Load Balancing

The third and final major section of work looked at improving load balancing of the code, particularly in the region where gaussian basis functions held in sparse matrix representation are mapped to the real space grids (steps I,VI in figure 1). The real space to plane wave transfer and the FFT are well load balanced as the amount of work per process is proportional to the number of grid points, which are evenly distributed either as planes, pencils (plane wave grids) or blocks (real space grids). However, the task of mapping gaussians from the matrix to the grid is not so well load balanced. The matrix is distributed across all processors in a ScaLAPACK block-cyclic style. However, in general, each gaussian contained in a process' matrix block, may not be located in it's own section of the real space grids.

The existing load balancing scheme works by each process building a task list of the gaussians contained within it's local matrix block. Each particular gaussian will be mapped to one level of the real space grids, which may be either distributed or replicated. Thus the task list will be made up of `distributed tasks' which must be completed by the process with the corresponding section of the real space grid, and `replicated tasks' which may be completed by any process. A cost model exists in CP2K which is very accurate at predicting the computational cost of a particular task (see figure 4). This is used to estimate the load on each process due to distributed tasks and the replicated tasks are then assigned to processes in order to even out the load.

For homogeneous systems approximately the same number of atoms will reside in each process' section of the grid, so the distribution of gaussian mapping tasks will be well load balanced. For example, the bench_64 test case on 64 cores is able to achieve a nearly perfect load balance because there is large enough number of replicated tasks to remove the unbalanced load or distributed tasks:

 At the end of the load_balance_distributed
 Maximum load:                75667
 Average load:                68312
 Minimum load:                13060

 At the end of the load_balance_replicated
 Maximum load:               123552
 Average load:               123457
 Minimum load:               123374

However, for non-homogenous systems including interfaces and clusters (e.g. large molecules), some processes will have very few distributed tasks that they can process, as they may have few atoms in their local real space grid. If the number of replicated tasks is not enough, a poor load balance will result. To test this scenario, the W216 test case, described in section 2.1 was used. As shown, for W216 on 256 cores, there is a severe load imbalance in this region of the code, with the most heavily loaded processor having over 6 times as much work as the least loaded.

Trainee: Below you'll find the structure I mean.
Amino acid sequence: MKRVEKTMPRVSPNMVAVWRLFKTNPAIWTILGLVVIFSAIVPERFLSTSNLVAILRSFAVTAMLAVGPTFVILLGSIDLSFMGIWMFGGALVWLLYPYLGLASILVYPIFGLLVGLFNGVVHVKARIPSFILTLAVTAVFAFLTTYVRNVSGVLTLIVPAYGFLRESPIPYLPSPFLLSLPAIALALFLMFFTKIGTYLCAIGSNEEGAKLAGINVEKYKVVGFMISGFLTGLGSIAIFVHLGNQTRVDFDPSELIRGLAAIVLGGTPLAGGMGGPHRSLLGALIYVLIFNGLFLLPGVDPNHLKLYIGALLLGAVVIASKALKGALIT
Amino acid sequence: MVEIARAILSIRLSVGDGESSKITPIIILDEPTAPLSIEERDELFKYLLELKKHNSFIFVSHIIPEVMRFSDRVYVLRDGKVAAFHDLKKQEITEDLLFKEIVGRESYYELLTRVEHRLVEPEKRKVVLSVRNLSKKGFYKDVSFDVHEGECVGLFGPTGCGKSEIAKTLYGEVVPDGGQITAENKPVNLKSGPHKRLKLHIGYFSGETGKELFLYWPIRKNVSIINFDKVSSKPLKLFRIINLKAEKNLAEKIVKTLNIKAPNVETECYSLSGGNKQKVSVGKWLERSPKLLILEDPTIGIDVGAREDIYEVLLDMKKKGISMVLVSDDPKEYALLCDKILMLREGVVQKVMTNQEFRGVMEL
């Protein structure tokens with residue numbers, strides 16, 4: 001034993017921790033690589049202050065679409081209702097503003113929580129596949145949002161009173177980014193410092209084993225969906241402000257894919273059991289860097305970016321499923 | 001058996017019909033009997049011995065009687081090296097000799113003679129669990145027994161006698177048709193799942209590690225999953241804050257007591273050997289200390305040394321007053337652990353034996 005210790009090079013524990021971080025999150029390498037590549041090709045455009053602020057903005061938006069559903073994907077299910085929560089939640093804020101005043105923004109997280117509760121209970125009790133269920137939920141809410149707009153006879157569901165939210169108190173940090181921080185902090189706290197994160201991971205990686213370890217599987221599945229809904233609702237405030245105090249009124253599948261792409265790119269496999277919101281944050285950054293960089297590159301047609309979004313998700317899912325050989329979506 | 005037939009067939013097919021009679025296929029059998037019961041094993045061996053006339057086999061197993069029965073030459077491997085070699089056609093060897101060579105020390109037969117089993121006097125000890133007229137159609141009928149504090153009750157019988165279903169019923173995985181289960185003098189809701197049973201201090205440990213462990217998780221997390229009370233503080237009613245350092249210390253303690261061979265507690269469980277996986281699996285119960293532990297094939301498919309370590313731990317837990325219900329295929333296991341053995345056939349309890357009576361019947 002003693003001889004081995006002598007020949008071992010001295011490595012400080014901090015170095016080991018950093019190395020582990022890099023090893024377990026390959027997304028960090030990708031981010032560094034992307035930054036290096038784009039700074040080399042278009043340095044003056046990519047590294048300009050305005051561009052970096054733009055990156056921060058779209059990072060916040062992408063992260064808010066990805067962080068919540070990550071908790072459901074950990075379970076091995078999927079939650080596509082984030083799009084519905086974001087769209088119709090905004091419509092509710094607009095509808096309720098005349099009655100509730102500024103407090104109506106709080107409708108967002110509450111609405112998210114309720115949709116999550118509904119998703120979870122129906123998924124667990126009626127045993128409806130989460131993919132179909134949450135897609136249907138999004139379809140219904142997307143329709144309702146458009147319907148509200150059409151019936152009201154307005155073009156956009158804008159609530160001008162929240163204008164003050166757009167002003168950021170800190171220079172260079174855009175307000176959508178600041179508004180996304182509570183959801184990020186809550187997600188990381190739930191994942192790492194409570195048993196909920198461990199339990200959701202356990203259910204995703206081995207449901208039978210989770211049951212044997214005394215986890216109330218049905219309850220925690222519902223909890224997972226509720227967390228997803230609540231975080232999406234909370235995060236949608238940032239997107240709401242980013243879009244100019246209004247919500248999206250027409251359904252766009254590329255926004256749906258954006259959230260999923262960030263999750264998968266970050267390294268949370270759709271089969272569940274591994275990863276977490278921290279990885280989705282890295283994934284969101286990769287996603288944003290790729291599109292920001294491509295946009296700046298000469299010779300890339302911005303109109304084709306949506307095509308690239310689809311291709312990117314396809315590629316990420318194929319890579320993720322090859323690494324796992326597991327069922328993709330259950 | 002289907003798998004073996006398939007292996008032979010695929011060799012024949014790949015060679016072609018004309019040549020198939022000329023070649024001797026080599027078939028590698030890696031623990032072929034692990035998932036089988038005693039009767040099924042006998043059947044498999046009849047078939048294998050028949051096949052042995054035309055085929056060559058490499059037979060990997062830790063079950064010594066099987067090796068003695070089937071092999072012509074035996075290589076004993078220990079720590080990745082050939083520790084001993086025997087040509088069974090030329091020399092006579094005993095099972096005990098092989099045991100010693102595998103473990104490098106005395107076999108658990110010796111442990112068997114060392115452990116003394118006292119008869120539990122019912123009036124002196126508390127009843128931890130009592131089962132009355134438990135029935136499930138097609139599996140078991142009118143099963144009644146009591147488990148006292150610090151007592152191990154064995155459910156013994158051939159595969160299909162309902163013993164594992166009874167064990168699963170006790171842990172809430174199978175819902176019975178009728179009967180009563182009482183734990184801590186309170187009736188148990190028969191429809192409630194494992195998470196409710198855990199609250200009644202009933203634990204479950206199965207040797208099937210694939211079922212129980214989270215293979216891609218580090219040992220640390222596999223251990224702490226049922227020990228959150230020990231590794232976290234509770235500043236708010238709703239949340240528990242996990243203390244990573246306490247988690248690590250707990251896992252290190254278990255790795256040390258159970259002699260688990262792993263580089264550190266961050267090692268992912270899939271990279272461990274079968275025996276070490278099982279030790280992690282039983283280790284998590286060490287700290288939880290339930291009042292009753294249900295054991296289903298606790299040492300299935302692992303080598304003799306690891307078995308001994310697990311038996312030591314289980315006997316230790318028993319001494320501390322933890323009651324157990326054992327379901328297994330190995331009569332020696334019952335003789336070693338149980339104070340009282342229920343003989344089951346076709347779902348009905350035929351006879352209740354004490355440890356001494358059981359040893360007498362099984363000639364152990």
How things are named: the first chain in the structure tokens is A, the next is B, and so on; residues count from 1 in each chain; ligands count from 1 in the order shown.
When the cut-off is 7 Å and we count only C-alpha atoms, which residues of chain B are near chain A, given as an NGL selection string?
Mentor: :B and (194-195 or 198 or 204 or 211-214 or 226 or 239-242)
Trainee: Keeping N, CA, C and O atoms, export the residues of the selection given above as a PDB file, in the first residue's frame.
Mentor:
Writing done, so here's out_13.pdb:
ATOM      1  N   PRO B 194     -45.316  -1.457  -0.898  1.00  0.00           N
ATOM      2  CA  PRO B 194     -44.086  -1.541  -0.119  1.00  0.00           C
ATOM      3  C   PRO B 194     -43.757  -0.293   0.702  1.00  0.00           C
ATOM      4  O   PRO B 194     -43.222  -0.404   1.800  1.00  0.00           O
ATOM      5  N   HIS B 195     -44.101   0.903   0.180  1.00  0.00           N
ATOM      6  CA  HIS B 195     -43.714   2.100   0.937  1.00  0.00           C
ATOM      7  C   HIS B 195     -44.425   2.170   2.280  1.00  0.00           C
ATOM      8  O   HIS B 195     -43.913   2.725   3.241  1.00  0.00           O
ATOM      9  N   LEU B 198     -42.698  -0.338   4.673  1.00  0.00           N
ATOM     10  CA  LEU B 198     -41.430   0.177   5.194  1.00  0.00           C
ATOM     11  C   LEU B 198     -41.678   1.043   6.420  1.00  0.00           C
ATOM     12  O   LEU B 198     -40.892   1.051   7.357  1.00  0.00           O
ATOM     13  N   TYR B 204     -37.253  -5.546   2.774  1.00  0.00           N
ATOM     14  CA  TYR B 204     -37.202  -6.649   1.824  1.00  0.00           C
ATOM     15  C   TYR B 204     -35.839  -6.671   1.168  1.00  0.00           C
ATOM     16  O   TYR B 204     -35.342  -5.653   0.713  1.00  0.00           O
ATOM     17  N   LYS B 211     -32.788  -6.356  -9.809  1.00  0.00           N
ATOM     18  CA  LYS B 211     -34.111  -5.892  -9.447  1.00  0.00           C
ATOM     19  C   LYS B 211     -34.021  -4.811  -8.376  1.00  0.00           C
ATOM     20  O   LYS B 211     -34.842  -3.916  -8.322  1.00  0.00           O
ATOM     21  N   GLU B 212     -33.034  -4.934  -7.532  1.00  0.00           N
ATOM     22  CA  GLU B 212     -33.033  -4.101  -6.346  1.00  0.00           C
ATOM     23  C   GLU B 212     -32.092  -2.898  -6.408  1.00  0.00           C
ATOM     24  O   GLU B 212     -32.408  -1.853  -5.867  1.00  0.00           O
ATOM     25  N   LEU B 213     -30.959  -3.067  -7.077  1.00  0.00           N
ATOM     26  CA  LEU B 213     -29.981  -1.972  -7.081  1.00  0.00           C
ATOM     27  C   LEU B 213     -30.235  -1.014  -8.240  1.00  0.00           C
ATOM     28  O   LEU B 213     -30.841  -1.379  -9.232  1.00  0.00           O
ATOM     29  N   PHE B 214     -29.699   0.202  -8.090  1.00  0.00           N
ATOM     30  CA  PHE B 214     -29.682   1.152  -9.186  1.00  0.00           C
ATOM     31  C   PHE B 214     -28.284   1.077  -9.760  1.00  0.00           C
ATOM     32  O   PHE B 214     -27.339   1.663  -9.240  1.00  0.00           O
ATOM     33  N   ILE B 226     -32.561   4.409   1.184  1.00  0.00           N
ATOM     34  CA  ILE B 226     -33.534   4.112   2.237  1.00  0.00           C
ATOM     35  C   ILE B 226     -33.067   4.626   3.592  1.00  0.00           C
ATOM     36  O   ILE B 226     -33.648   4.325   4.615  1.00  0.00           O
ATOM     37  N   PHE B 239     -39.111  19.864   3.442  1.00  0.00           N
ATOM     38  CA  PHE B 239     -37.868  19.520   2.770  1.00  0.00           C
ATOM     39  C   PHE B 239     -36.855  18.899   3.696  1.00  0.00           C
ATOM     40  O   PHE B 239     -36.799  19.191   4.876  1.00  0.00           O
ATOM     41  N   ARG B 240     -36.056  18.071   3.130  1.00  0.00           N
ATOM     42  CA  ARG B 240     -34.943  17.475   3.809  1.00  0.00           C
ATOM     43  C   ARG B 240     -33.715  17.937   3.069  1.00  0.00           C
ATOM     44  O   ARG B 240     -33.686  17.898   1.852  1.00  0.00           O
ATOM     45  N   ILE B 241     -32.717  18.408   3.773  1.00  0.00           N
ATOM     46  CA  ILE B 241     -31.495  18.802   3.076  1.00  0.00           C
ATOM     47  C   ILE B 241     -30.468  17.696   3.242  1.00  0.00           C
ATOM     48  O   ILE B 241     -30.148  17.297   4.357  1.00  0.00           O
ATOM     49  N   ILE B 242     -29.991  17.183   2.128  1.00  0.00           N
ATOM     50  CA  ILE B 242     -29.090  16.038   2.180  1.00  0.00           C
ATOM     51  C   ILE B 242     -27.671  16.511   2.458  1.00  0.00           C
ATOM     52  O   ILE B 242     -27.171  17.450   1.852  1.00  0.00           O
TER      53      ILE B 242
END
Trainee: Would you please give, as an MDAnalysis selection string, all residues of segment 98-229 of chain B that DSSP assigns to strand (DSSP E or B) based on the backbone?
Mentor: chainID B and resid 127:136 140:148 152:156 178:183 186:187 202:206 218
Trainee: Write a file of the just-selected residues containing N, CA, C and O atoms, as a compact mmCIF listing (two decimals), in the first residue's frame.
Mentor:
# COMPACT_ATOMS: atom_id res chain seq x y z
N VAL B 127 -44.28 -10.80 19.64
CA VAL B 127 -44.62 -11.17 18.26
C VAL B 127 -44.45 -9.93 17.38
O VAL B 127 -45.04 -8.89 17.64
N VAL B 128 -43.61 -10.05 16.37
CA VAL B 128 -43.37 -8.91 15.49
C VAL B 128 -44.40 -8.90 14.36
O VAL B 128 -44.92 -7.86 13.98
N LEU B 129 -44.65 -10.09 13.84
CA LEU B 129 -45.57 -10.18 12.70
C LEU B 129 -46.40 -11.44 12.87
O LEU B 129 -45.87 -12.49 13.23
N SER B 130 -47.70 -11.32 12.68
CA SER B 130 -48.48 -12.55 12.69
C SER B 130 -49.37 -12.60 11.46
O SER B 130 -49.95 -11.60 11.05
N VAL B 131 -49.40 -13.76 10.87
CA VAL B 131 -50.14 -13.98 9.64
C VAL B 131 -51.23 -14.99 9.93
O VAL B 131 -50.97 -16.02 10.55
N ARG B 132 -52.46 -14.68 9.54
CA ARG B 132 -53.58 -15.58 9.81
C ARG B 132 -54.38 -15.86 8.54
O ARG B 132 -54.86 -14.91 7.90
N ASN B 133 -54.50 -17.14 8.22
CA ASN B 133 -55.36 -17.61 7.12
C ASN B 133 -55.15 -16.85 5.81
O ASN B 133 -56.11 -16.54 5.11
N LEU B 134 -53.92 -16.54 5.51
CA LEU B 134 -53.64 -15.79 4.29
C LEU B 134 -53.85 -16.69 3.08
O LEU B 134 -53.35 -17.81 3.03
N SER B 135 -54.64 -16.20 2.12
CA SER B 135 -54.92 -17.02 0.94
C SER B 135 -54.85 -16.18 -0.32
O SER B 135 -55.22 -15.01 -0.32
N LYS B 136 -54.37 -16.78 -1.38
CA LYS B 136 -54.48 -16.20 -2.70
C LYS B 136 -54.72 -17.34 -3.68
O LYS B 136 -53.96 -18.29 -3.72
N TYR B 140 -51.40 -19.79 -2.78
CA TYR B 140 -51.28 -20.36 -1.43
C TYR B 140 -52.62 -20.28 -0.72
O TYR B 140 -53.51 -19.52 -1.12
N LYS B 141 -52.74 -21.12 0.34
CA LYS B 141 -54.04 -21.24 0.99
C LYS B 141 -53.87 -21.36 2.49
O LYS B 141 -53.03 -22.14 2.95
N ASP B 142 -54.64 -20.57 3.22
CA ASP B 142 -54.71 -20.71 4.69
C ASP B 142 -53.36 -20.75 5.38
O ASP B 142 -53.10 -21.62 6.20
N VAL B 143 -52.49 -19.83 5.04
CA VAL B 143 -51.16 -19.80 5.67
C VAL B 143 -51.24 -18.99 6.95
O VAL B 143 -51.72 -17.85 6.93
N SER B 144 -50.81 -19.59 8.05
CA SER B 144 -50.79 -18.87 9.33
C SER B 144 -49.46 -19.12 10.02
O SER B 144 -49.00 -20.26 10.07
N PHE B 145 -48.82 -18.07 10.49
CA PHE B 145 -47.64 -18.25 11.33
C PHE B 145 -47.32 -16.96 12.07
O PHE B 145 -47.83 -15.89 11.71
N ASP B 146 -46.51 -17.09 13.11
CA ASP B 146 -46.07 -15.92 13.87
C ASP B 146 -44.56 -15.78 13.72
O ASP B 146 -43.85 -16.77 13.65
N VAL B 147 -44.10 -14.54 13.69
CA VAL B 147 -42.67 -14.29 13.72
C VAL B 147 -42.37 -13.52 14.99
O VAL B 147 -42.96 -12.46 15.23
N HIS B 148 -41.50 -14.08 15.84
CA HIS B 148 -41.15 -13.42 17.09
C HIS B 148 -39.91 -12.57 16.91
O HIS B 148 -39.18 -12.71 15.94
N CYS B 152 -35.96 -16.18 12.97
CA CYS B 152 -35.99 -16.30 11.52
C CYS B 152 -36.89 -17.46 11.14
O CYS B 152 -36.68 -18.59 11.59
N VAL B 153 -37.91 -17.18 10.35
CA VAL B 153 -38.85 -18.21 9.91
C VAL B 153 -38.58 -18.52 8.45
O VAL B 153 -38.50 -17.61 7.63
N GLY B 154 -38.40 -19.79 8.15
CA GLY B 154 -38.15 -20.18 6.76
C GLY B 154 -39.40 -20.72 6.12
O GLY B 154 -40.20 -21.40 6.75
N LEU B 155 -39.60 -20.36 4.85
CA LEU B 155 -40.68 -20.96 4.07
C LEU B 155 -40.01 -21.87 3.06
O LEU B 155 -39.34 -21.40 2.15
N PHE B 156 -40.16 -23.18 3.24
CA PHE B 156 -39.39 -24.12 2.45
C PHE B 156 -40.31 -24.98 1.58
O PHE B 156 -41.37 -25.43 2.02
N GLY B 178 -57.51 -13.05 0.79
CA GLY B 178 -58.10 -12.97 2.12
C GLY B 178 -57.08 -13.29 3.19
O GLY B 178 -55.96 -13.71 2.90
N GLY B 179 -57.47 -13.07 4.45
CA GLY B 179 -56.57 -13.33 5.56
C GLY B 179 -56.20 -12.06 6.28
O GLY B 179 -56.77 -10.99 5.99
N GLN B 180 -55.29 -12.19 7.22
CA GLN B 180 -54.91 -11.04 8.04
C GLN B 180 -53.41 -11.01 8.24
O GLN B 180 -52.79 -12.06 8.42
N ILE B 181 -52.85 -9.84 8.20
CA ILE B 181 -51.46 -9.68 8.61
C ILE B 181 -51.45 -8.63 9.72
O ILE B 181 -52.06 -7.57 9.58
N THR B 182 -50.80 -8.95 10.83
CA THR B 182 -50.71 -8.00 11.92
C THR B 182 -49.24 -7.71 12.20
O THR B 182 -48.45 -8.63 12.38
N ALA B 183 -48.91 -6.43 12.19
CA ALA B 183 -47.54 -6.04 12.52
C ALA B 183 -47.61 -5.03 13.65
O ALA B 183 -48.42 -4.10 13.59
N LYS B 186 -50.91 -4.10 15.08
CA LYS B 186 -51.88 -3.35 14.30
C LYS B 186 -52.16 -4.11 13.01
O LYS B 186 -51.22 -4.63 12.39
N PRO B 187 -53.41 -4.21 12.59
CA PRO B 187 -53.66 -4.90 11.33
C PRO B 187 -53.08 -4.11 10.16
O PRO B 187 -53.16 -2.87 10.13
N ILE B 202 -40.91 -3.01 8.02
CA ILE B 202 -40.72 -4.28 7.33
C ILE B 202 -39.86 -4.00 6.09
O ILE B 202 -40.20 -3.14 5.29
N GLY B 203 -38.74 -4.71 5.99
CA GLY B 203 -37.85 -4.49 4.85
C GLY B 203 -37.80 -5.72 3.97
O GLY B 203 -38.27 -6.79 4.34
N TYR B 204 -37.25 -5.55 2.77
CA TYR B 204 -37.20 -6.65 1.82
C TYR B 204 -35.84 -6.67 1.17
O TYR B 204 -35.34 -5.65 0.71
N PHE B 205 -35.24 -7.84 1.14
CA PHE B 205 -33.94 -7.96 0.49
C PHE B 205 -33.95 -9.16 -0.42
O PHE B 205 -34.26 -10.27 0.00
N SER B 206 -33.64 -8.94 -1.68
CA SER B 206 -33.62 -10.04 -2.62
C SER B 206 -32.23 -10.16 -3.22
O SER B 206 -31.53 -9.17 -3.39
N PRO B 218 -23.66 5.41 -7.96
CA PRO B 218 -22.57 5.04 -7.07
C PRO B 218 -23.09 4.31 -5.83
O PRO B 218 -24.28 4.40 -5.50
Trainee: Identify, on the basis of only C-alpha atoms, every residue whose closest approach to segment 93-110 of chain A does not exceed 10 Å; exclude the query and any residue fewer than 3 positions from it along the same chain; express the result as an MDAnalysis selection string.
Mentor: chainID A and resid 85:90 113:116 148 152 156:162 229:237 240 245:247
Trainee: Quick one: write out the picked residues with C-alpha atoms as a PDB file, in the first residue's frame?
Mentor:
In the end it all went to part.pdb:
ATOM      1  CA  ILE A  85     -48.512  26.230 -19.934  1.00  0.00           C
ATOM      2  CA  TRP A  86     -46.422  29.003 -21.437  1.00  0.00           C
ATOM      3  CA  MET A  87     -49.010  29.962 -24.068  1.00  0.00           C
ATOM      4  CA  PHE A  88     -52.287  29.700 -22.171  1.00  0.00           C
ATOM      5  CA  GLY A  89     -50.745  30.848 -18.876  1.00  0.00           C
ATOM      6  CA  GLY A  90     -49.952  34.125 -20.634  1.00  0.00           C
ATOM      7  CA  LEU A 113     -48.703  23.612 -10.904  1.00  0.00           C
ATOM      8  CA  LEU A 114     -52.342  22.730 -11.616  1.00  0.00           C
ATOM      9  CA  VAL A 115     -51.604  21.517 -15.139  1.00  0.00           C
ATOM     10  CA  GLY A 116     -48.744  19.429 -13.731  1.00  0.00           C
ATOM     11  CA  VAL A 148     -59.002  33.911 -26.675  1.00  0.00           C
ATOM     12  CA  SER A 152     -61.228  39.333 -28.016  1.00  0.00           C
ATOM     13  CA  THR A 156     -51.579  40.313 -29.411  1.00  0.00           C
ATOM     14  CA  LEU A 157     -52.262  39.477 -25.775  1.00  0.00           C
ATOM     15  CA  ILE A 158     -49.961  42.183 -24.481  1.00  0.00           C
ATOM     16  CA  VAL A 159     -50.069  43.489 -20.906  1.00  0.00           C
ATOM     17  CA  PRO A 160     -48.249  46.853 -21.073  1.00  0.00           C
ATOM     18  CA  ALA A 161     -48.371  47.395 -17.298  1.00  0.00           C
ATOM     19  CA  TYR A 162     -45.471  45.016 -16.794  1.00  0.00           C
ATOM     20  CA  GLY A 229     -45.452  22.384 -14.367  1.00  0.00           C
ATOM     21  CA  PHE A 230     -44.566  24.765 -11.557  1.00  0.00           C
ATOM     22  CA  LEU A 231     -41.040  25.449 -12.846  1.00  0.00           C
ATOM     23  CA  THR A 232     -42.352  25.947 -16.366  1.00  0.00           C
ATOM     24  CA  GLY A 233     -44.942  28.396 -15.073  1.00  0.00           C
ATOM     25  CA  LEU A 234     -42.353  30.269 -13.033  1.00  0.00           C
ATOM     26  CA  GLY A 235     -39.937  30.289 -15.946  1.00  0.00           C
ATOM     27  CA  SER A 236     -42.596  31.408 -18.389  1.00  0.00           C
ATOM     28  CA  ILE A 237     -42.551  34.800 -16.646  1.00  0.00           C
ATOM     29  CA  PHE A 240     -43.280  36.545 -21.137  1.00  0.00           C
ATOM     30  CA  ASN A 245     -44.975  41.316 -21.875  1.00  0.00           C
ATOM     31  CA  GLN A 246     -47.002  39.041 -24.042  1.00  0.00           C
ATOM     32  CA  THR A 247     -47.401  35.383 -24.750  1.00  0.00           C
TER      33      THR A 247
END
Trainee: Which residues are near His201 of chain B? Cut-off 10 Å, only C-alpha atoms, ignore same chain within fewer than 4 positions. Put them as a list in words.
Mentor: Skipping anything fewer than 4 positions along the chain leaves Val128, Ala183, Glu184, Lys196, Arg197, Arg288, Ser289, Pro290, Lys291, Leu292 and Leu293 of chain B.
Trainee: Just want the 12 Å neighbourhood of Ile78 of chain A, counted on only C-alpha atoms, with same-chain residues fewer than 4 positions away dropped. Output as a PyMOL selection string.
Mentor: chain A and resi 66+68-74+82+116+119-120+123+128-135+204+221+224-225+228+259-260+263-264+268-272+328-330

Figure 4: Excellent correlation between predicted and measured cost for task mapping (J. VandeVondele)

 At the end of the load_balance_distributed
 Maximum load:              1738978
 Average load:               176232
 Minimum load:                    0

 At the end of the load_balance_replicated
 Maximum load:              1738978
 Average load:               475032
 Minimum load:               286053

To address this, a scheme was proposed where instead of each process owning the same segment of the real space grid on each grid level, the mapping of grid blocks to processes could be varied at each level. Blocks which result in a heavy load on one grid level could be paired with blocks with low loads on another, thus distributing the load more evenly. This concept was introduced into the code as `real' and `virtual' ranks. Each process has a fixed real rank and a virtual rank for each grid level which is the rank of the process that would have held the particular section of the grid if there was no reordering. As the load balancing step is done before the grids are allocated, an appropriate mapping of real to virtual ranks is chosen based on the load of the distributed tasks, then the grids are allocated on each process corresponding to their virtual ranks. There are a number of changes required in the realspace to planewave transfer routines to ensure that the reordered grid data is sent to the correct process for transferring to the plane wave grid, but this is facilitated by the use of a pair of mapping arrays real2virtual and virtual2real which are members of the real space grid data structure and are used to convert between the two orderings as needed.

For the same problem as above, using the new load balancing scheme, the load on the most overloaded process is reduced by 30%, and this is now only 3.5 times the load of the least loaded process. For this particular problem it is not possible to find a perfect load balance, as there is a single grid level block which has more load associated with it than then total average load. It is possible to overcome this by setting up the grid levels so that they are more closely spaced, and thus there is less load on each grid level. However, this comes at an increased memory cost for the extra grid levels and also affects the numerics of the calculation slightly (1 in 10$^6$). As shown in figures 5 and 6 if it is possible to balance the load perfectly, then this algorithm will succeed.

 After load_balance_distributed
 Maximum load:              1165637
 Average load:               176232
 Minimum load:                    0

 After load_balance_replicated
 Maximum  load:              1165637
 Average  load:               475032
 Minimum  load:               317590

Figure 5: W216 load balance on 16 cores - perfect load balance achieved

Figure 6: W216 load balance on 64 cores - several heavily loaded grid sections stop perfect local balance